Artist as Activist

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Double Decoy Missed
decoy, animal cruelty, animals, ceramic sculpture, clay, perspective, surface, representation, illusion, bird, grocery bag, target, weapons, violence, war, simulation of war, 2-dimensional, 3-dimensional, metaphors, checkerboard, feathers, ceramic sculpture, paint, line, shape, paper bag, bird, blood, target checkerboard
description
A bird in the hand is worth two in the bush.

-unknown

When we see depictions of mutilated animals in an artwork, our first response might be to assume that the artist is making a statement on animal cruelty. This might well be the case in James A. Thornsbury’s Double Decoy Missed. But let’s return to that idea after first examining the work itself.

This piece of  ceramicPottery or hollow clay sculpture fired at high temperatures in a kiln or oven to make them harder and stronger. Types include earthenware, porcelain, stoneware, and terra cotta. (Artlex.com)   sculptureA three-dimensional work of art, or the art of making it. Such works may be carved, modeled, constructed, or cast. Sculptures can also be described as assemblage, in the round, and relief, and made in a huge variety of media. A sculptor is one who creates sculptures. (artlex.com)  represents some ways of working with  clayMud; moist, sticky dirt. In ceramics, clay is the basic material, usually referring to any of a certain variety of mixtures of such ingredients — fine-grained, firm earthy material that is plastic when wet, brittle when dry, and very hard when heated. There is a temperature with ceramic clays at which their particles fuse (vitrification), and this is most commonly controlled by heating (firing) them in a kiln. The most common types of ceramic clays are earthenware (terra cotta when fired, terra cruda when not), stonewares, and porcelain. (Artlex.com)  that Thornsbury helped to popularize during the mid- and late-20th century. It relies on the ability of the ceramic artist to work with  clayMud; moist, sticky dirt. In ceramics, clay is the basic material, usually referring to any of a certain variety of mixtures of such ingredients — fine-grained, firm earthy material that is plastic when wet, brittle when dry, and very hard when heated. There is a temperature with ceramic clays at which their particles fuse (vitrification), and this is most commonly controlled by heating (firing) them in a kiln. The most common types of ceramic clays are earthenware (terra cotta when fired, terra cruda when not), stonewares, and porcelain. (Artlex.com)  in a way that makes the clay appear to be another material.  In this case, it resembles the stiffness and the jagged edges of a paper bag, the softness of goose feathers, and the slickness of blood.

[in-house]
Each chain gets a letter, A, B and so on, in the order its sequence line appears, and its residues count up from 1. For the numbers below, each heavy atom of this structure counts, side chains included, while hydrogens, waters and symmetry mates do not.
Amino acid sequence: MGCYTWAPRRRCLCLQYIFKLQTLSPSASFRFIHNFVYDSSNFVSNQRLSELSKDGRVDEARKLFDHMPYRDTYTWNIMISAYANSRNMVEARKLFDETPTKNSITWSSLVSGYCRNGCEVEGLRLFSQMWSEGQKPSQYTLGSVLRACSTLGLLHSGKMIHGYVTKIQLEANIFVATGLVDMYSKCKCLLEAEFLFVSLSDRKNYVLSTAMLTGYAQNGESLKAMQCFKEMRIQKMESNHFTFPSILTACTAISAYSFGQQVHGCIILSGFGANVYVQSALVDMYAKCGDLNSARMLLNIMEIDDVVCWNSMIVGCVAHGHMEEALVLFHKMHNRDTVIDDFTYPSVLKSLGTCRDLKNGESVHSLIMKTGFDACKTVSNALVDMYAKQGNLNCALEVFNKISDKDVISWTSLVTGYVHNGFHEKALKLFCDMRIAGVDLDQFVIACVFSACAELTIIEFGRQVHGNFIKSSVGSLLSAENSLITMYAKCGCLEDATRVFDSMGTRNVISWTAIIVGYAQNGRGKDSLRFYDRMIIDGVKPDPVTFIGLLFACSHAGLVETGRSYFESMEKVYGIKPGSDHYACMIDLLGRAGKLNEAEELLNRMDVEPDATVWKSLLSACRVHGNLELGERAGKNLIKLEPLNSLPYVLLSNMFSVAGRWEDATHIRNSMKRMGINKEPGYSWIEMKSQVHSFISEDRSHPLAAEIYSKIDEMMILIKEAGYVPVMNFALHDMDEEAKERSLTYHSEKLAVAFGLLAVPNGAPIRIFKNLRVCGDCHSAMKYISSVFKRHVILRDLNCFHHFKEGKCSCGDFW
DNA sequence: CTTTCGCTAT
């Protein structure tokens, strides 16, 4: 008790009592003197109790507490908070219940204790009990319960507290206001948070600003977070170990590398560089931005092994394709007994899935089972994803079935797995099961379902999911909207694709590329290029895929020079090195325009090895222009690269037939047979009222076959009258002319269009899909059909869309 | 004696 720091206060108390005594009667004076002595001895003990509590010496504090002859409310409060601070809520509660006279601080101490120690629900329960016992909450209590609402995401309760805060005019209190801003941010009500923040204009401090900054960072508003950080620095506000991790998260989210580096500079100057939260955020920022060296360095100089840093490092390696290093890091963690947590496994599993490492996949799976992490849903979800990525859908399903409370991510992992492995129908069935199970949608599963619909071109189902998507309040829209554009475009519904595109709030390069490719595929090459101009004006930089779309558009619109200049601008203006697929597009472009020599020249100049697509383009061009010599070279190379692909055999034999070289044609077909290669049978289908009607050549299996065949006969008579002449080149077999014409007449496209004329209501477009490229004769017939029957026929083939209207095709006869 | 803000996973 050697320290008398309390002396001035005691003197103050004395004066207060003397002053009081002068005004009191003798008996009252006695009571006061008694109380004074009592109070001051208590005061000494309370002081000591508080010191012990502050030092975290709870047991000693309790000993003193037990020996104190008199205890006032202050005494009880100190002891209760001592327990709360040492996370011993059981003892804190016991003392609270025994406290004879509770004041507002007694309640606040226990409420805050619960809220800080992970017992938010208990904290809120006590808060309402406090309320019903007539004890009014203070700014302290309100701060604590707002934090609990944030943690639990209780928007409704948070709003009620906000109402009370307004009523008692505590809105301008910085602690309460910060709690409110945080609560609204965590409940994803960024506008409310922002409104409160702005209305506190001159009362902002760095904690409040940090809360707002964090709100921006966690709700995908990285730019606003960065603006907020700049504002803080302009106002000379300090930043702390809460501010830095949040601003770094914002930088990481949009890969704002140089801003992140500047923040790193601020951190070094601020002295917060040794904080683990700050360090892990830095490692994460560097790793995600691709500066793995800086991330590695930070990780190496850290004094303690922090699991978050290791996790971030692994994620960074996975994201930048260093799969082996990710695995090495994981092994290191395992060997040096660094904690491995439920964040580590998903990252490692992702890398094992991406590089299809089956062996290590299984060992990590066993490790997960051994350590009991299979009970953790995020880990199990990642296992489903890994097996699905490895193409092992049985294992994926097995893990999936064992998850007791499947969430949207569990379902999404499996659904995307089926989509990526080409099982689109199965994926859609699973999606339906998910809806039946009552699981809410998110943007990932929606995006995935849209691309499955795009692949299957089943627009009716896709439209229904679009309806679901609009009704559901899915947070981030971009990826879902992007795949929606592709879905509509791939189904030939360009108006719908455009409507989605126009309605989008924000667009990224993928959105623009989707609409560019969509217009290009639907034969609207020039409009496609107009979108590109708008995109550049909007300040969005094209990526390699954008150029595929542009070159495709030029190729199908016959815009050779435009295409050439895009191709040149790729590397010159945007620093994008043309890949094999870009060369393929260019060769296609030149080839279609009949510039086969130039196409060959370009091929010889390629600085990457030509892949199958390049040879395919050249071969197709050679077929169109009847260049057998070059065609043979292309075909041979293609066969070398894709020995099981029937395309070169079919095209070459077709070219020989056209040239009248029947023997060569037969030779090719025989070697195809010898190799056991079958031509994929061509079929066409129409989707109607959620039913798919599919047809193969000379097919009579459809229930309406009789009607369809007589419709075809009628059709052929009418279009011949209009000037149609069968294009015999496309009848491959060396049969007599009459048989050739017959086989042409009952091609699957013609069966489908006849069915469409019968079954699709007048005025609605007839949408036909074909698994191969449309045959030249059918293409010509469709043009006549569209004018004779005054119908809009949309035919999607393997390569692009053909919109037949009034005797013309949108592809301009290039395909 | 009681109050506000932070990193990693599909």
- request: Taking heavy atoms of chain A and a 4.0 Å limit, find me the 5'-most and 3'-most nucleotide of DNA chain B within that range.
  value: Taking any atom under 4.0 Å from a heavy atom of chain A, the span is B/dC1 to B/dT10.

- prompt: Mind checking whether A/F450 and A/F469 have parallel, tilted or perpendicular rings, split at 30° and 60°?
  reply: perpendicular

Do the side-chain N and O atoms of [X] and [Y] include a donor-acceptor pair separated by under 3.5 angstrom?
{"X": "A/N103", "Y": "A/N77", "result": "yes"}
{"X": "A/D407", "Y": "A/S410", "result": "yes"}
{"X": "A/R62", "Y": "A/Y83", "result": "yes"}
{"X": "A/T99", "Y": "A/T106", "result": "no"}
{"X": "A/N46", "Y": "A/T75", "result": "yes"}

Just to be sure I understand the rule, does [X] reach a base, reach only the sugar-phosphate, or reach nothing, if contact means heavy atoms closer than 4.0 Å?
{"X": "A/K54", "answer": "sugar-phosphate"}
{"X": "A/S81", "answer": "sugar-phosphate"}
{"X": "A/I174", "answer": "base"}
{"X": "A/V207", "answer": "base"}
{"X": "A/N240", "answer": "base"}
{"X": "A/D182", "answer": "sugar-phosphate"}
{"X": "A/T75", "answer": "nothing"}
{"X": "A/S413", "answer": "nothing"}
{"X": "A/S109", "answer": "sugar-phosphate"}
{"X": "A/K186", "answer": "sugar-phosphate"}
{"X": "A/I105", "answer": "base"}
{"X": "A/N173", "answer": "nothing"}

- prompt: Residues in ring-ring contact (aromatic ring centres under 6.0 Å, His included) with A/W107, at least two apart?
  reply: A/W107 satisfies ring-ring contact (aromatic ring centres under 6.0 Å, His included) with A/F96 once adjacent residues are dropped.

Thornsbury also makes use of paint on his ceramic sculpture, rather than glaze. The use of paint allows the artist greater accuracy, in both the colours of the  sculptureA three-dimensional work of art, or the art of making it. Such works may be carved, modeled, constructed, or cast. Sculptures can also be described as assemblage, in the round, and relief, and made in a huge variety of media. A sculptor is one who creates sculptures. (artlex.com)  and the use of  lineA mark with length and direction(-s). An element of art which refers to the continuous mark made on some surface by a moving point. Types of line include: vertical, horizontal, diagonal, straight or ruled, curved, bent, angular, thin, thick or wide, interrupted (dotted, dashed, broken, etc.), blurred or fuzzy, controlled, freehand, parallel, hatching, meandering, and spiraling. Often it defines a space, and may create an outline or contour, define a silhouette; create patterns, or movement, and the illusion of mass or volume. It may be two-dimensional (as with pencil on paper) three-dimensional (as with wire) or implied (the edge of a shape or form). (Artlex.com)  and shape in the image. In Thornsbury’s example, his use of paint has enabled him to create a  two-dimensionalHaving height and width, but no depth; flat. (Artlex.com)  image on the side of his three-dimensional object. Furthermore, Thornsbury tips his hat to this blurring of 2-D and 3-D worlds by making the 2-dimensional image a depiction of three-dimensional objects--the checkerboard is painted in perspective, and the target’s corner seems to fold “forward,” off the board’s surface. This is a way of working with clay as a device of representation on the one hand, and of  illusionA deceptive or misleading image or idea. (Artlex.com)  on the other. Thornsbury is not merely creating a formal exercise from his materials, however.